You will then be able to start a process, carry it forward, connect at every level of decision making and the pople who will be involved in making that decision and, for their reasons, not yours, gain support for the sale and ultimately, the PO for it.
Thats what a sales course is about and what it enables its students to do.
It applies to selling a "product/solution" to a potential customer, it applies to advocating and idea in a within your own company, it applies to managing in a way that gets buy-in and implementation by a department and its people. It applies to leadership.
In other words, its a must for a business degree and should be added to every business major path as a required course.
The Sales Dept. is often discounted, but as close to owning a business as one can get without actually owning the business. In fact, Sales offers benefits the owner may not have. The Salesperson may receive greater compensation than the owner/investor, all without risk, other than losing the job.
Applied Industrial Psychology sources best investment of resources, be it time, engineering, studies and etc. One size does not fit all. Therefore, a productive vacuum Sales Person may be far beyond the comfort zone when negotiating with a fortune 500 CEO. Both examples fit a specific personality.
However, need for a similar, if not identical, comprehensible job description remains, no different than a business model is required for short term/long term business success.
Neil Licht commented
RE- annomous-why annonomous?
Please take off the Academic hat for a moment and consider the Pragmatic Skills Education objectives for your students
Did you click the link and see how a sales process actually works successfully?
Its not industrial psychology, its simple- How to sell. Its knowing that people do things for their reasons not yours, understanding that, uncovering theose reasons and then making th connection between what you sell and what your prospect really cares about as a solution. Of course theres a lot more re approach and getting to a funded PO but thats another topic- The sales course itself and whats in it.
Sales is a people to people skill and yes, it actually has disciplined rules, tools and steps that can make for a great real world usable course.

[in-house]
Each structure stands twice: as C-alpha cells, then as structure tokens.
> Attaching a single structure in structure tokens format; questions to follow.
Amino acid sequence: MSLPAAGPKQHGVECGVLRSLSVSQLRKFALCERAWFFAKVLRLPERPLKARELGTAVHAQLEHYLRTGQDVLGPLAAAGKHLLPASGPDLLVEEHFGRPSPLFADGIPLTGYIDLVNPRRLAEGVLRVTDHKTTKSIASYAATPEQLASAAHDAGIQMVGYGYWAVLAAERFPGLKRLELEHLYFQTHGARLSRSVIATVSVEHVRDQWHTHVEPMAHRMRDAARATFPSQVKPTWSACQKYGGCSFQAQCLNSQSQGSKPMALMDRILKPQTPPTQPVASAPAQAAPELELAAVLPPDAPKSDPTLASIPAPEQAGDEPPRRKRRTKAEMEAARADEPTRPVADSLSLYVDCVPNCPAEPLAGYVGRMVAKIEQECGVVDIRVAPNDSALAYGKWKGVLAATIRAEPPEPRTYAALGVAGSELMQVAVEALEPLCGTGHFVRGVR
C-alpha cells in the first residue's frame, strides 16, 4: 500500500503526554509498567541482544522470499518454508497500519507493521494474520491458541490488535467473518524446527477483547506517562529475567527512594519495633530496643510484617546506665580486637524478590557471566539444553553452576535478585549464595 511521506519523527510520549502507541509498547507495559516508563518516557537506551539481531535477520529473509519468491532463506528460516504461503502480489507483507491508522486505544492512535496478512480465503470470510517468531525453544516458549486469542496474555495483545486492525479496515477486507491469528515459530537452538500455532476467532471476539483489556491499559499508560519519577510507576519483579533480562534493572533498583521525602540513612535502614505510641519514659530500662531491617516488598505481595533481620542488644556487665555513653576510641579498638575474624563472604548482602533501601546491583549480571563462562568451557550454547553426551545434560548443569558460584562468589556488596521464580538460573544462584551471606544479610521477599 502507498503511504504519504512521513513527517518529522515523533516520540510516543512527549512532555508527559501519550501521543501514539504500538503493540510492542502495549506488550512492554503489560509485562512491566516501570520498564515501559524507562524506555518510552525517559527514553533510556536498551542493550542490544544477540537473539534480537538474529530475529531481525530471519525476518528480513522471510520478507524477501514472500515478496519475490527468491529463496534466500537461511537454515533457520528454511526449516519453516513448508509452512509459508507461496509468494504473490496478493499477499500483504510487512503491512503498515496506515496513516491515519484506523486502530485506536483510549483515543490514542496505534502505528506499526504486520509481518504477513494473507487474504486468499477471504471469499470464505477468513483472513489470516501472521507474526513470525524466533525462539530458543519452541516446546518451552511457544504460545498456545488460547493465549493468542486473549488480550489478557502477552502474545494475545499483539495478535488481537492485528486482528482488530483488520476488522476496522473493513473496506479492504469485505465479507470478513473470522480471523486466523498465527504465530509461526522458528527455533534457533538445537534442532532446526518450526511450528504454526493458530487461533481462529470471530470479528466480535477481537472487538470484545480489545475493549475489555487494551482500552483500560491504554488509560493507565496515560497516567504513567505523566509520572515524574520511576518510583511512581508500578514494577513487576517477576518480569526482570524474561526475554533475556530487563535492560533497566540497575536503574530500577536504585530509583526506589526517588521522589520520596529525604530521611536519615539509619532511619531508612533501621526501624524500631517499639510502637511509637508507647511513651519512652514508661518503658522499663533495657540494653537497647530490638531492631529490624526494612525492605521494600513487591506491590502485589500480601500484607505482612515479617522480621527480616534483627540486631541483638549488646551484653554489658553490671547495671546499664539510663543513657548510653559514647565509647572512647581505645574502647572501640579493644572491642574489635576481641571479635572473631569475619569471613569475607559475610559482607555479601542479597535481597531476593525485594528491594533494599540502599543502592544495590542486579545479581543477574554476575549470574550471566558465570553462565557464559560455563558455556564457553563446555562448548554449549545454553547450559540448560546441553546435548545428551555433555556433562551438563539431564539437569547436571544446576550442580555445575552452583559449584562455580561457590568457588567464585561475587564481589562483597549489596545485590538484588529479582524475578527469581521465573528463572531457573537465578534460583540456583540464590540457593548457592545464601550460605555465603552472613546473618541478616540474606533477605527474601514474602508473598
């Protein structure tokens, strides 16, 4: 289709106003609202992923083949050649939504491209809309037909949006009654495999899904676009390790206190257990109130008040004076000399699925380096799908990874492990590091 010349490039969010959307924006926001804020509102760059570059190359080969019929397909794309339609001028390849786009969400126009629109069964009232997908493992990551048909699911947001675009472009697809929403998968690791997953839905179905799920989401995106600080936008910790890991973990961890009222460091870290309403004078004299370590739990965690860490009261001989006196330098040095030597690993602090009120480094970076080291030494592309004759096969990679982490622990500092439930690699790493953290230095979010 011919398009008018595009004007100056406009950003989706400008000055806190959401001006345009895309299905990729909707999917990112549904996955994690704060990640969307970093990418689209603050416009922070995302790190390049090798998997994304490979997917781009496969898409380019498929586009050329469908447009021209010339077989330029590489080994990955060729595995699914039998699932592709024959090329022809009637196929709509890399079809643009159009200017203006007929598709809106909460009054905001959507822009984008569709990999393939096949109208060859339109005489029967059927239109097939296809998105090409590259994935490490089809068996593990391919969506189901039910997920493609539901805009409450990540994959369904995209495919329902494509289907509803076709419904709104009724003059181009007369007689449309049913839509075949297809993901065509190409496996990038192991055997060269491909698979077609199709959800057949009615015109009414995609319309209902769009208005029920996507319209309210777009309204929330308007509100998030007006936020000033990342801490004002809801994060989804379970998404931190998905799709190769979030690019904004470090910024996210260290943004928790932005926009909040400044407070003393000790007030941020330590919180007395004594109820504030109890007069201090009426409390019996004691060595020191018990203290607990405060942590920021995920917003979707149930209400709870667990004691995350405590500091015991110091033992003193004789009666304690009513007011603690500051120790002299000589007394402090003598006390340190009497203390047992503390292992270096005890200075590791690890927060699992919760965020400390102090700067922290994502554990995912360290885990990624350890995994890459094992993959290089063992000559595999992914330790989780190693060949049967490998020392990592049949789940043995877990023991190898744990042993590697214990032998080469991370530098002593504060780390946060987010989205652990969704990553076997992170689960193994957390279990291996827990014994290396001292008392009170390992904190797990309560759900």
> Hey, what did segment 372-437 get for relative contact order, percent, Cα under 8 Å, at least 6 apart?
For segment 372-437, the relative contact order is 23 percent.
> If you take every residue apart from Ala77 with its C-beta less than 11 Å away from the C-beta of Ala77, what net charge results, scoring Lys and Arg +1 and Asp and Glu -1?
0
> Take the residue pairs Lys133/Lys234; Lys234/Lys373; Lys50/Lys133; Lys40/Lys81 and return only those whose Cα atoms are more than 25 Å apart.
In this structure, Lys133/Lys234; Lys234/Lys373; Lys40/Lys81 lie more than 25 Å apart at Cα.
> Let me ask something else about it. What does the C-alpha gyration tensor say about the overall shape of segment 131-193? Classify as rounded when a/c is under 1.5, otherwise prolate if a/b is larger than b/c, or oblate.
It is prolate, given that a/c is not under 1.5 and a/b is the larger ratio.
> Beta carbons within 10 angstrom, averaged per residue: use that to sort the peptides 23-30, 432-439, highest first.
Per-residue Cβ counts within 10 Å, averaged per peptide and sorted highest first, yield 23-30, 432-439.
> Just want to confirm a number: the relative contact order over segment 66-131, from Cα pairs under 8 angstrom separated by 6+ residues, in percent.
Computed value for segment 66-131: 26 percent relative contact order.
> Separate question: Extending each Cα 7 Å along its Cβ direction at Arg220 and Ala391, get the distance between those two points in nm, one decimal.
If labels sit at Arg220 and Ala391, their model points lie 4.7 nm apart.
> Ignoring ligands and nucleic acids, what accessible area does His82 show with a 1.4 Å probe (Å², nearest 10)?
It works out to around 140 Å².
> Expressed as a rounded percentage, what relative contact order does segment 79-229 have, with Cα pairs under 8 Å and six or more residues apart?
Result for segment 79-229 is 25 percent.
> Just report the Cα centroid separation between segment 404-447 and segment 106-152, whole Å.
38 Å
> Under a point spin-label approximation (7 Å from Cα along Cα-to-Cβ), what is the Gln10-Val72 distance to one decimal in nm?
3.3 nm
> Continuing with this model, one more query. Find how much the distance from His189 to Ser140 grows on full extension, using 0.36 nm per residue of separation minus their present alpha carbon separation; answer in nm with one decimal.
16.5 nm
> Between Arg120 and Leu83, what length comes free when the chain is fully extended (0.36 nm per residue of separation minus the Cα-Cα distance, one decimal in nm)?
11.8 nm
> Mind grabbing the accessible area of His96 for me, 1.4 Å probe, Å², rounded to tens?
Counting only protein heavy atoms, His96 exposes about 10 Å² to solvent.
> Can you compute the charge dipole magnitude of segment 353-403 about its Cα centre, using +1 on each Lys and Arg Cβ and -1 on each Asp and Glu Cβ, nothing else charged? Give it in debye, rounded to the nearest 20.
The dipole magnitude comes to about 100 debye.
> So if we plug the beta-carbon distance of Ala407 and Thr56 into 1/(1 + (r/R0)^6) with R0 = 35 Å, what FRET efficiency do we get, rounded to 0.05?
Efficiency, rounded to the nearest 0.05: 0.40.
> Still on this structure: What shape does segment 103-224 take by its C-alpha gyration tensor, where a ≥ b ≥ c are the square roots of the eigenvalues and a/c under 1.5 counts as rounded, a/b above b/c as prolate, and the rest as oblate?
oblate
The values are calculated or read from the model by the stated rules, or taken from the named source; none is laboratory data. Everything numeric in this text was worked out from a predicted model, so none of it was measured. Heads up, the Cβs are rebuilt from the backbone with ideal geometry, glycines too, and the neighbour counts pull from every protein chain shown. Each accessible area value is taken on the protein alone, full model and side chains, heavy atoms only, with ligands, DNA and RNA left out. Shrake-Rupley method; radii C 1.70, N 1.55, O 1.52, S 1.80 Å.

I know that because I've taught sales to thousands. I've run sales and channel development, training, hiring and change management initiatives and divisions for 30 years.
Re my credentials for commenting:
I have been a college level teacher and I have run national training divisions in business so I'm not an "outsider" on whats needed to make college level education valid and frankly, worth the cost.I've also done a lot of hiring and am sadly disappointed with the college grads wanting to join as sales folks yet they have never been taught th fundamentals of selling.
I'll say it again, its not marketing but a marketing "thinking process" is part of how to sell.
Selling is making the real connection between what marketing thinks is its markets, reaching them and then getting what the company delivers actually purchased. That is completely absent in college studies and again, I ask WHY????.
Stop trying to turn sale straining into a complex academic subject re a psychology type course. Its not. In fact, its one of the most powerful life skills anyone can acquire. Please, its not the world of academetions, its the world of experienced sales pros. Put us on the faculty, adjunct or otherwise and make your degree practical, not just theorhetical. a usable one for your graduates.
Neil, I support your comments. However, before, during and after providing a solution, a model is required. A on-line model is little different than a General Business model, even a field Representative model. All three require a Job Description, to be served by a person (s) with an appropriate Industrial Psychology profile. Otherwise, a square peg is often forced to fit in a round hole. ( a square peg in a round hole may work for some period of time, but sooner or later, the solution will self destruct)
The study/implementation of applied Industrial Psychology starts well before higher education learning. Under study employees/business's, most often, die on the vine because third party influence motivated the wrong path for the skill set of those involved.